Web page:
Herb-Drug Interactions: Cinnamon

Cinnamomum cassia Blume and Cinnamomum verum J. Presl. and its varieties (Lauraceae)

Synonym(s) and related species

Cinnamomum cassia: Cassia, Chinese cinnamon, False cinnamon, Cassia lignea, Cinnamomum aromaticum Nees, Cinnamomum pseudomelastoma auct. non Liao.

Cinnamomum verum: Canela, Ceylon cinnamon, Cinnamomum burmannii (Nees & T. Nees) Bl. (known as Batavian cinnamon or Panang cinnamon), Cinnamomum loureiroi Nees, Cinnamomum zeylanicum Nees., Cinnamomum zeylanicum Blume.


Cassia Oil (British Ph 2009, European Ph 2008); Ceylon Cinnamon Bark Oil (British Ph 2009, European Ph 2008); Ceylon Cinnamon Leaf Oil (British Ph 2009, European Ph 2008); Cinnamon (British Ph 2009, European Ph 2008); Cinnamon Tincture (British Ph 2009, European Ph, 6th ed., 2008 and Supplements 6.1, 6.2, 6.3 and 6.4).


The bark of Cinnamomum cassia and Cinnamomum verum contains volatile oil mainly composed of trans-cinnamaldehyde, with cinnamylacetate, phenylpropylacetate,

salicylaldehyde and methyleugenol. Diterpenes including cinncassiols, and tannins such as cinnamtannins, are also present.

Use and indications

Both varieties of cinnamon are mainly used for digestive disorders such as diarrhoea, and flatulent colic or dyspepsia. Cinnamon has also been used for the common cold, and the oil may have antiseptic activity. It has been used in Chinese medicine for circulatory disorders.


No relevant pharmacokinetic data found.

Interactions overview

It has been suggested that cinnamon may interfere with the control of diabetes by conventional antidiabetic drugs, but controlled studies do not appear to support this suggestion. Cinnamon is a constituent of various Chinese herbal medicines, see under bupleurum9, for information.

Cinnamon + Antidiabetics

Although one study suggests that cinnamon may enhance the blood-glucose-lowering effects of conventional antidiabetics, a meta-analysis of controlled studies suggests otherwise.

Clinical evidence

In a placebo-controlled study, patients with type 2 diabetes were given Cinnamomum cassia 1 g, 3 g or 6 g daily (total of 30 patients) for a total of 40 days in addition to their normal medications. Blood-glucose levels were decreased by 2.9mmol/L, 2mmol/L and 3.8mmol/L in the 1 g, 3 g and 6 g groups, respectively. Changes in blood-glucose levels were only significant at 20 days in the 6g group (blood-glucose decreased by 2.8 mmol/L). No particular adverse effects were reported.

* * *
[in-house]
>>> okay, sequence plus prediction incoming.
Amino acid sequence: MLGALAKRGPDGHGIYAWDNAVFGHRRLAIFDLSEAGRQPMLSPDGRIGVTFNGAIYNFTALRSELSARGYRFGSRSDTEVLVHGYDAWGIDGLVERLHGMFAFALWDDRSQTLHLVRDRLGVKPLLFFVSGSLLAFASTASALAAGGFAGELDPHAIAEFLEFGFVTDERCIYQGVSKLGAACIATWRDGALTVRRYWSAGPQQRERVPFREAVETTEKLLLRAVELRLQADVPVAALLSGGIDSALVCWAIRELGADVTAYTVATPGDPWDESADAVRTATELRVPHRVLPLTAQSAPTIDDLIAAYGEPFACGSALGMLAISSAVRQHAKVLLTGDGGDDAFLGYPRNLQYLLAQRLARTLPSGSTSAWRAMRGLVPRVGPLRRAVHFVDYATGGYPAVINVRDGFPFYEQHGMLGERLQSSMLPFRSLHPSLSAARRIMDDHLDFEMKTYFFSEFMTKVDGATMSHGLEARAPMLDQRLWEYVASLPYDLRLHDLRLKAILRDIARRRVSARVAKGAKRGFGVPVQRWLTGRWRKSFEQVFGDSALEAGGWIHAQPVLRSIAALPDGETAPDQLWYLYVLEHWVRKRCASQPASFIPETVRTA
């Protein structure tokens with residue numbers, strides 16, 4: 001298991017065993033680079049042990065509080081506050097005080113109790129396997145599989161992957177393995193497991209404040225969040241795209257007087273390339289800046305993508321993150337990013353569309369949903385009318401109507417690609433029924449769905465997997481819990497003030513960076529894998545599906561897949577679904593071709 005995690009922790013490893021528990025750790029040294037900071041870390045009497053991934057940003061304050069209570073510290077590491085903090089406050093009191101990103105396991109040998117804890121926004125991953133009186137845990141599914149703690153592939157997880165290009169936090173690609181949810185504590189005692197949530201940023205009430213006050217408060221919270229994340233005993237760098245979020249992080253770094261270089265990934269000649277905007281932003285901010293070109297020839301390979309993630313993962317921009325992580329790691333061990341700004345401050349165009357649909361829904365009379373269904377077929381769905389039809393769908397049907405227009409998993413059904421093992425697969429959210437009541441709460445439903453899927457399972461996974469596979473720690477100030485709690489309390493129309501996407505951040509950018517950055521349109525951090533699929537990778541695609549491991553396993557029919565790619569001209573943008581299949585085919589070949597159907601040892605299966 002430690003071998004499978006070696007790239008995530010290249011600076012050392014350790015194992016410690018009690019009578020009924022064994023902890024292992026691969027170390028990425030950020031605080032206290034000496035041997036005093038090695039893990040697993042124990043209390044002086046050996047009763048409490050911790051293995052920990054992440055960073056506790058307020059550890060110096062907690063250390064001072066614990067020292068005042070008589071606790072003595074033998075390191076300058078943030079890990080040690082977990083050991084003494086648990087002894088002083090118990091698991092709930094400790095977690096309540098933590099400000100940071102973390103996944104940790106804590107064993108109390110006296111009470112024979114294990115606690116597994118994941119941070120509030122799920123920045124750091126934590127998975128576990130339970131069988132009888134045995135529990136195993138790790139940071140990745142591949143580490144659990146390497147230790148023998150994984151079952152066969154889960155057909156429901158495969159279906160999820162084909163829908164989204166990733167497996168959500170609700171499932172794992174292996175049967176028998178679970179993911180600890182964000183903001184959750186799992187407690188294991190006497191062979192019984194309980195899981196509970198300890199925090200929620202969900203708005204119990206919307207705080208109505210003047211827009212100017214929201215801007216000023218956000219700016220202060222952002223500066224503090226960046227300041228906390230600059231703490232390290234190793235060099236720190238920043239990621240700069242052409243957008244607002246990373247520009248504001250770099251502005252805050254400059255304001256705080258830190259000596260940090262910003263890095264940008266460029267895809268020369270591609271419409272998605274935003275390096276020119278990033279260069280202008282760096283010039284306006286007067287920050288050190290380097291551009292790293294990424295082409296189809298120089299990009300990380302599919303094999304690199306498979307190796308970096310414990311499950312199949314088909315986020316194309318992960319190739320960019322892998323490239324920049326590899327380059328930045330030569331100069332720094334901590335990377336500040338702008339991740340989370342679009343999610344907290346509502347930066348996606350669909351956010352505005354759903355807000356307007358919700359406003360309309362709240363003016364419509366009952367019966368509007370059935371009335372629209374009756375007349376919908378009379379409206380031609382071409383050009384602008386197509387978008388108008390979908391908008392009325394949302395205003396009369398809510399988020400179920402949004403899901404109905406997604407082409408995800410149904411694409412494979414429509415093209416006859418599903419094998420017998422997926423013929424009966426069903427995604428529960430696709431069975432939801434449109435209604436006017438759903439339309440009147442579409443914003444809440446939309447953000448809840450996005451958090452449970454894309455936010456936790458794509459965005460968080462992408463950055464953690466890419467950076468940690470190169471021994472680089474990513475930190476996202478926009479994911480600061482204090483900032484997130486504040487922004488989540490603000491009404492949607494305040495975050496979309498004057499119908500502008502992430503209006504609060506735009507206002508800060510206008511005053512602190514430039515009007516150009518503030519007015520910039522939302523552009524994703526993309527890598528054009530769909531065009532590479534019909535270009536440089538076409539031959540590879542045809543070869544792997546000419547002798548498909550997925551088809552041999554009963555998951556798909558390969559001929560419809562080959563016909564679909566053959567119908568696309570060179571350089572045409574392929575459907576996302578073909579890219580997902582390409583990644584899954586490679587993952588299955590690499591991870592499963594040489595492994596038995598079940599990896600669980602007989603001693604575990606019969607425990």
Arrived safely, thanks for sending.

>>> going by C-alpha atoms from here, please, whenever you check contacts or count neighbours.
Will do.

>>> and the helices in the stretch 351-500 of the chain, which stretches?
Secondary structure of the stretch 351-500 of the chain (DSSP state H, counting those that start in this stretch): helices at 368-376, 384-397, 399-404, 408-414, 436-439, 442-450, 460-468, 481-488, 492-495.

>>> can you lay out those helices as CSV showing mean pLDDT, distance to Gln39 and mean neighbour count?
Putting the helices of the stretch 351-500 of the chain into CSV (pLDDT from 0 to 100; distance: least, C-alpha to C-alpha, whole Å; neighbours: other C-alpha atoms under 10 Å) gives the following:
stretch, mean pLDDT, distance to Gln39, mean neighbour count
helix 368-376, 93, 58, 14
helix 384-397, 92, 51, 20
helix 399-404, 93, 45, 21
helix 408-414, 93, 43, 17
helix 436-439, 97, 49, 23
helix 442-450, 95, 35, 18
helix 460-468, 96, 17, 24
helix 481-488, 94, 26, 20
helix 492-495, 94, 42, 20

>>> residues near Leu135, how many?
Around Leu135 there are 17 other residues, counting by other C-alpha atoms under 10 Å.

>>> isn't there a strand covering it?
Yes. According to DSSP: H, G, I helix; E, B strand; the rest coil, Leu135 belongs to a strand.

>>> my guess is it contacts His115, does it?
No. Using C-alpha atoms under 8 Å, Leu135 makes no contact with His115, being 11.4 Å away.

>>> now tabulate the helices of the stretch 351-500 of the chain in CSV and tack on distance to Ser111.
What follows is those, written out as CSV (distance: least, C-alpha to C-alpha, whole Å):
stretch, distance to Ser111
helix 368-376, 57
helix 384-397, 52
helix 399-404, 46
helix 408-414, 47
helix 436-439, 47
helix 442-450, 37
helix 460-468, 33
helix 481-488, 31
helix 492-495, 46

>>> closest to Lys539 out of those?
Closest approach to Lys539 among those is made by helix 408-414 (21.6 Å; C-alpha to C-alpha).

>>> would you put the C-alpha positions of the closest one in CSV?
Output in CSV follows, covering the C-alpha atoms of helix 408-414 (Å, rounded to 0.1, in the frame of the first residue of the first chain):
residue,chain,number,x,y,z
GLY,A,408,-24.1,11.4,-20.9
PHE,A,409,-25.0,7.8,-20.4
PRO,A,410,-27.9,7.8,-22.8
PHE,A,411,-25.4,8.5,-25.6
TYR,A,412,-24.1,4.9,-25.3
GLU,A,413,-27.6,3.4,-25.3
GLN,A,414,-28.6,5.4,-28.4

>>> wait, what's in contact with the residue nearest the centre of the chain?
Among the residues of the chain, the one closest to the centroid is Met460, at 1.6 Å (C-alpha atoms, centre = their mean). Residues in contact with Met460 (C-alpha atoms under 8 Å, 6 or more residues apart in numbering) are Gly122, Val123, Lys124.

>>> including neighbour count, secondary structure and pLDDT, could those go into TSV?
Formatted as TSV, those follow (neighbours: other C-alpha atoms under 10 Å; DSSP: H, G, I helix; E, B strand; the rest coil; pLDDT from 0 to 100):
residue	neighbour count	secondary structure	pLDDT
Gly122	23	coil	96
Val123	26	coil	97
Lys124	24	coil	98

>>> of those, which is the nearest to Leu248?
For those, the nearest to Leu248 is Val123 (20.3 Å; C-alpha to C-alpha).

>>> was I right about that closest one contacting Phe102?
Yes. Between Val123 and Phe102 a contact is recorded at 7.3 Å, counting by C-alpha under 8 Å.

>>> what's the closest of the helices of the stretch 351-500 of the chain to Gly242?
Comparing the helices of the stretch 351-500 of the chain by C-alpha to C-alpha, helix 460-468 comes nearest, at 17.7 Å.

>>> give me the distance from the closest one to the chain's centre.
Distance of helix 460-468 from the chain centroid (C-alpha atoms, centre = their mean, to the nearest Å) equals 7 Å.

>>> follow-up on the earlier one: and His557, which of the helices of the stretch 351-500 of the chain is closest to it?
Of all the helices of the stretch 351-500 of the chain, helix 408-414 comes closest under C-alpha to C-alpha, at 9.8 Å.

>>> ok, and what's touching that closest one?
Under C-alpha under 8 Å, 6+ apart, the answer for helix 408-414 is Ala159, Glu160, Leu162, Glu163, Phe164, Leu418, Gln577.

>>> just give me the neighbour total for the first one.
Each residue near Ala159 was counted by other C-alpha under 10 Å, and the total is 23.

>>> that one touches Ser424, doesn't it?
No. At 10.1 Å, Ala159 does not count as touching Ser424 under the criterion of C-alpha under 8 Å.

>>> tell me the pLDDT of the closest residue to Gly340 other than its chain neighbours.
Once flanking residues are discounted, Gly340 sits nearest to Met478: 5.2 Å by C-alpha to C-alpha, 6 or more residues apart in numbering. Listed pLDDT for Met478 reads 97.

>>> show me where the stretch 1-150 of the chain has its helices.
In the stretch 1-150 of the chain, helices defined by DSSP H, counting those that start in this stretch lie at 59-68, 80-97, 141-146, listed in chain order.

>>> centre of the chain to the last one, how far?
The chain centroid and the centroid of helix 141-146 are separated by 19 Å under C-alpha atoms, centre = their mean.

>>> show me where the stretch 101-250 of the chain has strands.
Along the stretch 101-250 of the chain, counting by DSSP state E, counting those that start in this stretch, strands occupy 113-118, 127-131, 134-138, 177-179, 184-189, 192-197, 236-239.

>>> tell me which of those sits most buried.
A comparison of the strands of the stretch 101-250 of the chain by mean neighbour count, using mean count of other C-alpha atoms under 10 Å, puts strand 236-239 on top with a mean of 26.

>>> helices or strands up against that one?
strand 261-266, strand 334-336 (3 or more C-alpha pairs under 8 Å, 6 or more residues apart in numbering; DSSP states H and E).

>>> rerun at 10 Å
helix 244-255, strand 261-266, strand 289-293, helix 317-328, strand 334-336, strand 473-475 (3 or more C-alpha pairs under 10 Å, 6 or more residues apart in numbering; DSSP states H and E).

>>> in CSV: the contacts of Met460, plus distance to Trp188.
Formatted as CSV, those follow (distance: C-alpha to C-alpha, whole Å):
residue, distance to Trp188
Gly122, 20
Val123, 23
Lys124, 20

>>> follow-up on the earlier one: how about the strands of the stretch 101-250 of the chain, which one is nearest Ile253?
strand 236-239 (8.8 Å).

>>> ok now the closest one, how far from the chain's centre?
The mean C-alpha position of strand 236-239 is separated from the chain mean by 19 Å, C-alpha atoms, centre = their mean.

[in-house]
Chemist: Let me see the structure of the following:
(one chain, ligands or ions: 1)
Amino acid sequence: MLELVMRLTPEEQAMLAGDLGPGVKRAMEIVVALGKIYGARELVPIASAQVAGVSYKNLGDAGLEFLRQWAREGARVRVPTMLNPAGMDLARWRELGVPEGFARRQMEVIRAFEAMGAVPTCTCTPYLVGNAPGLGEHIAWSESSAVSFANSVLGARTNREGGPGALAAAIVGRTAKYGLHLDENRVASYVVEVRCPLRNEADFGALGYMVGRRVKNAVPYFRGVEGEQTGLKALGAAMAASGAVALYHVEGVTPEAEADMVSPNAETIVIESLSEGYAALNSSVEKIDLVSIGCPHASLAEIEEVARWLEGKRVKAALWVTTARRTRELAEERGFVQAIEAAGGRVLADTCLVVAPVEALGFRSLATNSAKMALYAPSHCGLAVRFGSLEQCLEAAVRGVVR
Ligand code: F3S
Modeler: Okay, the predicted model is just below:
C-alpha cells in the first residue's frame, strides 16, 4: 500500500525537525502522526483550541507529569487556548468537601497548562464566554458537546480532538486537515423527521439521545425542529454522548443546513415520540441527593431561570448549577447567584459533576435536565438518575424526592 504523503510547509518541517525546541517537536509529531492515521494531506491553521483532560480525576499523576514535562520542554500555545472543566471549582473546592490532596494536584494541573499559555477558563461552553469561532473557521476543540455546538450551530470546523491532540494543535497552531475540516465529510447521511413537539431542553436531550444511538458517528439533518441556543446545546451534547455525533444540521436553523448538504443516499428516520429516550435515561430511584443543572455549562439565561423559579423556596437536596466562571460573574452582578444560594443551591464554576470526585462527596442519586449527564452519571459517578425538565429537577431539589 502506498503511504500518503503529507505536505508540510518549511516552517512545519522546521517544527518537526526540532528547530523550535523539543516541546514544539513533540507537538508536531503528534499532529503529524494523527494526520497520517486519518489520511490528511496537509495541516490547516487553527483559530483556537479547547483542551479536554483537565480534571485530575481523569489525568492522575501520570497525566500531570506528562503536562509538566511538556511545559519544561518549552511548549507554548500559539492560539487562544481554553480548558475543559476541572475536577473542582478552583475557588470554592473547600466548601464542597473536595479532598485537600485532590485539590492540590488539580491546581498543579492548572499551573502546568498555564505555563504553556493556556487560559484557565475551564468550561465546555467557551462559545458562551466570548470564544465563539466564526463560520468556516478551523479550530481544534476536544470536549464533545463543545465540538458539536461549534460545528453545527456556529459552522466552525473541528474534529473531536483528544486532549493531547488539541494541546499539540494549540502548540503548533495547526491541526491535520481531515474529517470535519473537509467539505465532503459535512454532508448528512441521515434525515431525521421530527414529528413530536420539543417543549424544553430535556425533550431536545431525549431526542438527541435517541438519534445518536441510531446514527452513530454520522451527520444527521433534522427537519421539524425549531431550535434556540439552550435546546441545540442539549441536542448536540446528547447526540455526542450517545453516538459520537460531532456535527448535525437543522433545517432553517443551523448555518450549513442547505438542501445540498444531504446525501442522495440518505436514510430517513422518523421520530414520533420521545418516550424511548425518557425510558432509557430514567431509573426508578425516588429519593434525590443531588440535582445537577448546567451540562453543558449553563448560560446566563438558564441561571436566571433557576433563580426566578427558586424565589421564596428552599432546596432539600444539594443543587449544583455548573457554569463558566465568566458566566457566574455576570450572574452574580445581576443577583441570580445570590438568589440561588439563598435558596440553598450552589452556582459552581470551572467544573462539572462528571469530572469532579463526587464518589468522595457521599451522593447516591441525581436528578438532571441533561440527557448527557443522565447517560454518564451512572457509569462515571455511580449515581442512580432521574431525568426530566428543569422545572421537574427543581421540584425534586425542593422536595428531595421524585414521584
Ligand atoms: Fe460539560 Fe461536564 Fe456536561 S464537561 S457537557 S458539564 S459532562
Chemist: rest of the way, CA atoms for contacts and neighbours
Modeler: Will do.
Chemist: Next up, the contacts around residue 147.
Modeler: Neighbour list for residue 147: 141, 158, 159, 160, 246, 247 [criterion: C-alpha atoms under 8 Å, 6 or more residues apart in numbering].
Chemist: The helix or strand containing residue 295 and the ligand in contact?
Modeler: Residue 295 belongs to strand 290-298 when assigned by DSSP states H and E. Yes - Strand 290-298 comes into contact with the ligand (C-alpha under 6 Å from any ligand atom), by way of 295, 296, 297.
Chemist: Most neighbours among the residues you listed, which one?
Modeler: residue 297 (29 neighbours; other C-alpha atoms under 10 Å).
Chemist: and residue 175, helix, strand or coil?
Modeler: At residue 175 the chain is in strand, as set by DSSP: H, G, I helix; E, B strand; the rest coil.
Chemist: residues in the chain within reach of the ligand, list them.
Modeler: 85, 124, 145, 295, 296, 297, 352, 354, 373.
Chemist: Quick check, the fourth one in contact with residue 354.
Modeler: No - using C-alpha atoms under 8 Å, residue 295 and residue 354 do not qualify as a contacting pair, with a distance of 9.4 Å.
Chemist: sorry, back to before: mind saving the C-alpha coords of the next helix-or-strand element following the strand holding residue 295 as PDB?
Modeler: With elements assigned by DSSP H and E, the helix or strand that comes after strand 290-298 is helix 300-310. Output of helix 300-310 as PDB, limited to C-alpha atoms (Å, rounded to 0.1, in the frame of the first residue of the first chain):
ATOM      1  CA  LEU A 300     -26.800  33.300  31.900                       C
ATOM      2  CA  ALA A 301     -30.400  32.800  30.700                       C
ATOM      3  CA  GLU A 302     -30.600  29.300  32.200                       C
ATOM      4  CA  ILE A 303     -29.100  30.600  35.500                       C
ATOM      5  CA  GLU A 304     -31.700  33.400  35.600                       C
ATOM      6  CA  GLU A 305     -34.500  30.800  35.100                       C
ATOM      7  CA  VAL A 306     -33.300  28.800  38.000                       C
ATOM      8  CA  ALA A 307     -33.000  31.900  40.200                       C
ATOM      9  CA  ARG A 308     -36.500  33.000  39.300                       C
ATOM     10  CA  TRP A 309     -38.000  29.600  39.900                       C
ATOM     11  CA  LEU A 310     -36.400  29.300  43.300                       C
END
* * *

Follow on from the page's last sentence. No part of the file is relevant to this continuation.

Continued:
Experimental evidence

A literature review found several animal studies that suggested that cinnamon may have blood-glucose-lowering properties, but no direct interactions data were found.



Importance and management

Evidence is limited. The study cited above, which was not designed to investigate a potential drug interaction, seems to suggest that cinnamon has the potential to enhance the blood-glucose-lowering effects of conventional antidiabetic medication (unnamed). However, recent meta-analysis of randomised controlled studies, which included the study cited above, found that cinnamon does not appear to improve the control of type 1 or type 2 diabetes (glycosylated haemoglobin, fasting blood glucose and lipids assessed).

In general therefore, cinnamon would not be expected to markedly affect the control of diabetes with conventional antidiabetic drugs. If any effect does occur, it is likely to be picked up by standard blood-glucose monitoring, as high doses of cinnamon only had a significant effect on blood-glucose after 40 days of concurrent use.

Cinnamon + Carbamazepine

For mention that saiko-ka-ryukotsu-borei-to, of which cinnamon (Cinnamomum cassia) is one of 10 constituents, did not affect the pharmacokmetics of carbamazepine in an animal study, see Bupleurum + Carbamazepine.

Cinnamon + Food

No interactions found. Cinnamon is commonly used as a flavouring in foods.

Cinnamon + Herbal medicines

No interactions found.

Cinnamon + Ofloxacin

For mention that sairei-to, of which cinnamon (Cinnamomum cassia) is one of 12 constituents, did not affect the pharmacokmetics of ofloxacin, see Bupleurum + Ofloxacin.